The influence of membrane fouling on the retention of pharmaceutically active compounds (PhACs) by three nanofiltration membranes was
investigated in this study. Membrane fouling was achieved with a foulant cocktail containing model organic foulant in a background electrolyte
solution. The effects of membrane fouling on the separation processwas delineated by comparing the retention values of clean and fouled membranes
and relate them to the membrane properties as well as physicochemical characteristics of the PhACs. Fouling was more severe for the larger pore
size TFC-SR2 and NF 270 membranes as compared to the smaller pore size NF 90 membrane. More importantly, the influence of membrane
fouling on the retention of PhACs was found largely dependent upon membrane pore size. It was hypothesised that such influence was governed
by three distinctive mechanisms: modification of the membrane charge surface, pore restriction, and cake enhanced concentration polarisation.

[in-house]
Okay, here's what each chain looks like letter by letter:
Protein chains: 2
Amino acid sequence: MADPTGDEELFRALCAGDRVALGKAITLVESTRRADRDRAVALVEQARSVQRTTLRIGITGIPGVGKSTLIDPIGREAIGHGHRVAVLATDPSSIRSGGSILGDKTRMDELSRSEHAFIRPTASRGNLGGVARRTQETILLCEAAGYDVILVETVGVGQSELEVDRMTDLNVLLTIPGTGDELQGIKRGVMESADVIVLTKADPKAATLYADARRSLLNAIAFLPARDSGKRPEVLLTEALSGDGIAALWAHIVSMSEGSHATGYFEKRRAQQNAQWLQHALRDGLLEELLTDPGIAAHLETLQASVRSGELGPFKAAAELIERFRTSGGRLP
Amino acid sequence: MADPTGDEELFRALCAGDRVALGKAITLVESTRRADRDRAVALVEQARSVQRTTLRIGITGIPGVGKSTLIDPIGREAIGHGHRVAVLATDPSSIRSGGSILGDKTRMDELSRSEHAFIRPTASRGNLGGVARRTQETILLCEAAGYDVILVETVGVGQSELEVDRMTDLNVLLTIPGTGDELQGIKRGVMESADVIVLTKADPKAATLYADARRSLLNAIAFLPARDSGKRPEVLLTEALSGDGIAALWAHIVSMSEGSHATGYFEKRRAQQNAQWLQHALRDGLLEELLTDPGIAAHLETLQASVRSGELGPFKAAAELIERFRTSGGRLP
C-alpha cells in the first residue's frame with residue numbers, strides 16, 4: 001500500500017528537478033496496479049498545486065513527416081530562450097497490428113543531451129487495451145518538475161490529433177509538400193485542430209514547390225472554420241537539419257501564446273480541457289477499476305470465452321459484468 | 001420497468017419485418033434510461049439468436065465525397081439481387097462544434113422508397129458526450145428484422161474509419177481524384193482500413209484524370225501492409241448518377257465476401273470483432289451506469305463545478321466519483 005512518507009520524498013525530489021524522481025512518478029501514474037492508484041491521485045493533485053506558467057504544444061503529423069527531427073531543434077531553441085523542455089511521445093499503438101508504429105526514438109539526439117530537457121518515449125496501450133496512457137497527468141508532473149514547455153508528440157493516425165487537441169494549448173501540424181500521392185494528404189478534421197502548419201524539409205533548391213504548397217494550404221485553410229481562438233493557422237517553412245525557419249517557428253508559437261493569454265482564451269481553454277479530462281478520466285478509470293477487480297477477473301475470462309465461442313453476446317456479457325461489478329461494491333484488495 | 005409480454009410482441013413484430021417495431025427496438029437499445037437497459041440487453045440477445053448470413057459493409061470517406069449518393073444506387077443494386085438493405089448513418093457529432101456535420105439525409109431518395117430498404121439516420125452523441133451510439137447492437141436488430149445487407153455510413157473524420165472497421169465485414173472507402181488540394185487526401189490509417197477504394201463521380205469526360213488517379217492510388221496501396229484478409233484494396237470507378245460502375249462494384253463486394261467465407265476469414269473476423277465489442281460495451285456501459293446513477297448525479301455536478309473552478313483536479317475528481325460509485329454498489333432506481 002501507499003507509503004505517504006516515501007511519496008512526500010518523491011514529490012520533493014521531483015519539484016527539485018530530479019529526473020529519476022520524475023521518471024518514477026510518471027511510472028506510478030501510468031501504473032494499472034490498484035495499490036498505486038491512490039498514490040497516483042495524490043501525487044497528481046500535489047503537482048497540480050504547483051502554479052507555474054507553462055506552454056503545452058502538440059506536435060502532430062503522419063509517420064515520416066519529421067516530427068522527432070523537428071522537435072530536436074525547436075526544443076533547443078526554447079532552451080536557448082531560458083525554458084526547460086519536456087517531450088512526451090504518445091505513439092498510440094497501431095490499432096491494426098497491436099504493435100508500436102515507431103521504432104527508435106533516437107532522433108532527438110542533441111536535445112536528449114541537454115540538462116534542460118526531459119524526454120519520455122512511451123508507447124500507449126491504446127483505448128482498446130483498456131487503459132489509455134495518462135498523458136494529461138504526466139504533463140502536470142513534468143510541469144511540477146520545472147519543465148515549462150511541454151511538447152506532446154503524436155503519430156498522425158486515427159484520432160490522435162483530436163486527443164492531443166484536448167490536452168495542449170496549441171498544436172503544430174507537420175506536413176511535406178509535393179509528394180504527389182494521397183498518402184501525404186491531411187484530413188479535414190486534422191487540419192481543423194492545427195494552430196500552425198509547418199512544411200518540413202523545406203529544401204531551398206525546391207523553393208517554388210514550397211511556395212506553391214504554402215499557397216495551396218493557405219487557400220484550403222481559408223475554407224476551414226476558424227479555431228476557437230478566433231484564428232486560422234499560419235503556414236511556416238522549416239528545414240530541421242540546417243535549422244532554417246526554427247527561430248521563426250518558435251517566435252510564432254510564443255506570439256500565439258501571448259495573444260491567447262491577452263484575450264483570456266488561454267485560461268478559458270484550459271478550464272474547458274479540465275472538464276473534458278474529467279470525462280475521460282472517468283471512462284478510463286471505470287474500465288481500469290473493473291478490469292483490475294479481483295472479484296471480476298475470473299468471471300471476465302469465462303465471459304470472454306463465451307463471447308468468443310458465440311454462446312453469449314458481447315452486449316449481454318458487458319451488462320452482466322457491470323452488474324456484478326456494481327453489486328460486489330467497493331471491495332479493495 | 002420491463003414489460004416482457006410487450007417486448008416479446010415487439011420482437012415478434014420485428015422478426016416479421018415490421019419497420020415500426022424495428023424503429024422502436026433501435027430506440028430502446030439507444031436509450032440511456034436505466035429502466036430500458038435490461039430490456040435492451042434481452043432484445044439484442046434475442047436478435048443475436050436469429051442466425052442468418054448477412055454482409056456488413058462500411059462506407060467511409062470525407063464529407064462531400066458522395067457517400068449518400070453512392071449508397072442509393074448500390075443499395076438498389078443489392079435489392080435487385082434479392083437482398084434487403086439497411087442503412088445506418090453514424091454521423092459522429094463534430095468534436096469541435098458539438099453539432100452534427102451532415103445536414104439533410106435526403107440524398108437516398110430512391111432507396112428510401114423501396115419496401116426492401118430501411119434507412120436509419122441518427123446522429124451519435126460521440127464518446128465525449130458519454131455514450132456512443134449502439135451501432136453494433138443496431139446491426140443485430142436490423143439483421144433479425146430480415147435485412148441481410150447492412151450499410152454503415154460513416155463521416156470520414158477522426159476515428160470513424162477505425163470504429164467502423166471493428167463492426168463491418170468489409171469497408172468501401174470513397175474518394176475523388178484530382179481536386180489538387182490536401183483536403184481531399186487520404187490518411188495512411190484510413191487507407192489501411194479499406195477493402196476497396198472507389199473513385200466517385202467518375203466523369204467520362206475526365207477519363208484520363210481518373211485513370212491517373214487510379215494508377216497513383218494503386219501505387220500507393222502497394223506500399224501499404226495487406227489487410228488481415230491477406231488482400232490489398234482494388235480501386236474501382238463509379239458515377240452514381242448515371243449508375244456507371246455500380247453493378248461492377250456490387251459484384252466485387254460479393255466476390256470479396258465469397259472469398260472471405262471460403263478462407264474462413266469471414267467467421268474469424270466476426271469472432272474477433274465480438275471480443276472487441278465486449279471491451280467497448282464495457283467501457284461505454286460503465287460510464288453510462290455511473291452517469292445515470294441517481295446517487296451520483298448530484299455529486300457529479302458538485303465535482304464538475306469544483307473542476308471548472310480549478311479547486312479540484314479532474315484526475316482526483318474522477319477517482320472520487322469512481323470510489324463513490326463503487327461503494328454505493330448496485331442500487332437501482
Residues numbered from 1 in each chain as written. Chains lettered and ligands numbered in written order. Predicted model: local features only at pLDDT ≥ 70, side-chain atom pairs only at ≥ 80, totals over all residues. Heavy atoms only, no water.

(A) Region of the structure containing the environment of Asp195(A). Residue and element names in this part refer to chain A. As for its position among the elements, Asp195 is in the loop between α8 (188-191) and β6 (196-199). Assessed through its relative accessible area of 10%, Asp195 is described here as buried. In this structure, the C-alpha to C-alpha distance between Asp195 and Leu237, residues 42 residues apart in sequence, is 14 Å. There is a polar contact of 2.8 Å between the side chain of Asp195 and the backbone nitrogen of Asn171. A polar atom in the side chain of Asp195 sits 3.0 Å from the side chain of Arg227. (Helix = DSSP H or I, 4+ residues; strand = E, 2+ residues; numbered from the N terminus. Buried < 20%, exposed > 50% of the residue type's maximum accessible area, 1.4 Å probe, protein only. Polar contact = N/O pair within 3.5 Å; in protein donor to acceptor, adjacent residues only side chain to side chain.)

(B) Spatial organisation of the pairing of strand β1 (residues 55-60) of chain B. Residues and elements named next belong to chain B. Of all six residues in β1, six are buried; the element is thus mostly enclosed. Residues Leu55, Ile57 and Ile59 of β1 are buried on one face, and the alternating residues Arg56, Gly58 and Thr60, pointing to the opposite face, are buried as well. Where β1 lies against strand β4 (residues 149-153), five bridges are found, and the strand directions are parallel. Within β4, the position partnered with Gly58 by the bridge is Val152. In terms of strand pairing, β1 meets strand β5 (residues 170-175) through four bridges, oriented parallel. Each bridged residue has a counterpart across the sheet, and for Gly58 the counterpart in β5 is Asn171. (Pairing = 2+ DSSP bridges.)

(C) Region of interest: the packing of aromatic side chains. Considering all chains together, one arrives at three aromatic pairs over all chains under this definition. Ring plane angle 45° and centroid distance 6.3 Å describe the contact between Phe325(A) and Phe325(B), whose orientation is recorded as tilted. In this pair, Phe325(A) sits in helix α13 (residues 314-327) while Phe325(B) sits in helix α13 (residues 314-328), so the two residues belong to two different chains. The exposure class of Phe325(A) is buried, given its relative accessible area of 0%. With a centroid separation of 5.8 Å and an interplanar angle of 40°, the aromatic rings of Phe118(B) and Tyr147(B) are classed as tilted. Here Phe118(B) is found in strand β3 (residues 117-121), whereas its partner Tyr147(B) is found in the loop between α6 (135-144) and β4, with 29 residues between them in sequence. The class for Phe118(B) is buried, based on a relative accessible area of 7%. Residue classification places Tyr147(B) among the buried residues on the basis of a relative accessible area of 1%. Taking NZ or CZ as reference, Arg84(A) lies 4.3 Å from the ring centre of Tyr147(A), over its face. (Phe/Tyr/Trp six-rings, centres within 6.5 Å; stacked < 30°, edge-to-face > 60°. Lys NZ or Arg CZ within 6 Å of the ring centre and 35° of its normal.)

The presence of the fouling layer could affect the retention behavior of charged solutes by altering the membrane surface charge density. While
the role of this surface charge modification mechanism was clear for inorganic salts, it was less obvious for the negatively charged pharmaceutical
species examined in this investigation, possibly due to the interference of the pore restriction mechanism. Behavior of the very loose TFC-SR2
membrane was found dominated by pore restriction and this membrane consistently showed an increase in retention under fouled conditions. In
contrast, evidence of the cake enhanced concentration polarisation effect was observed with the smaller pore size NF 270 and NF 90 membranes.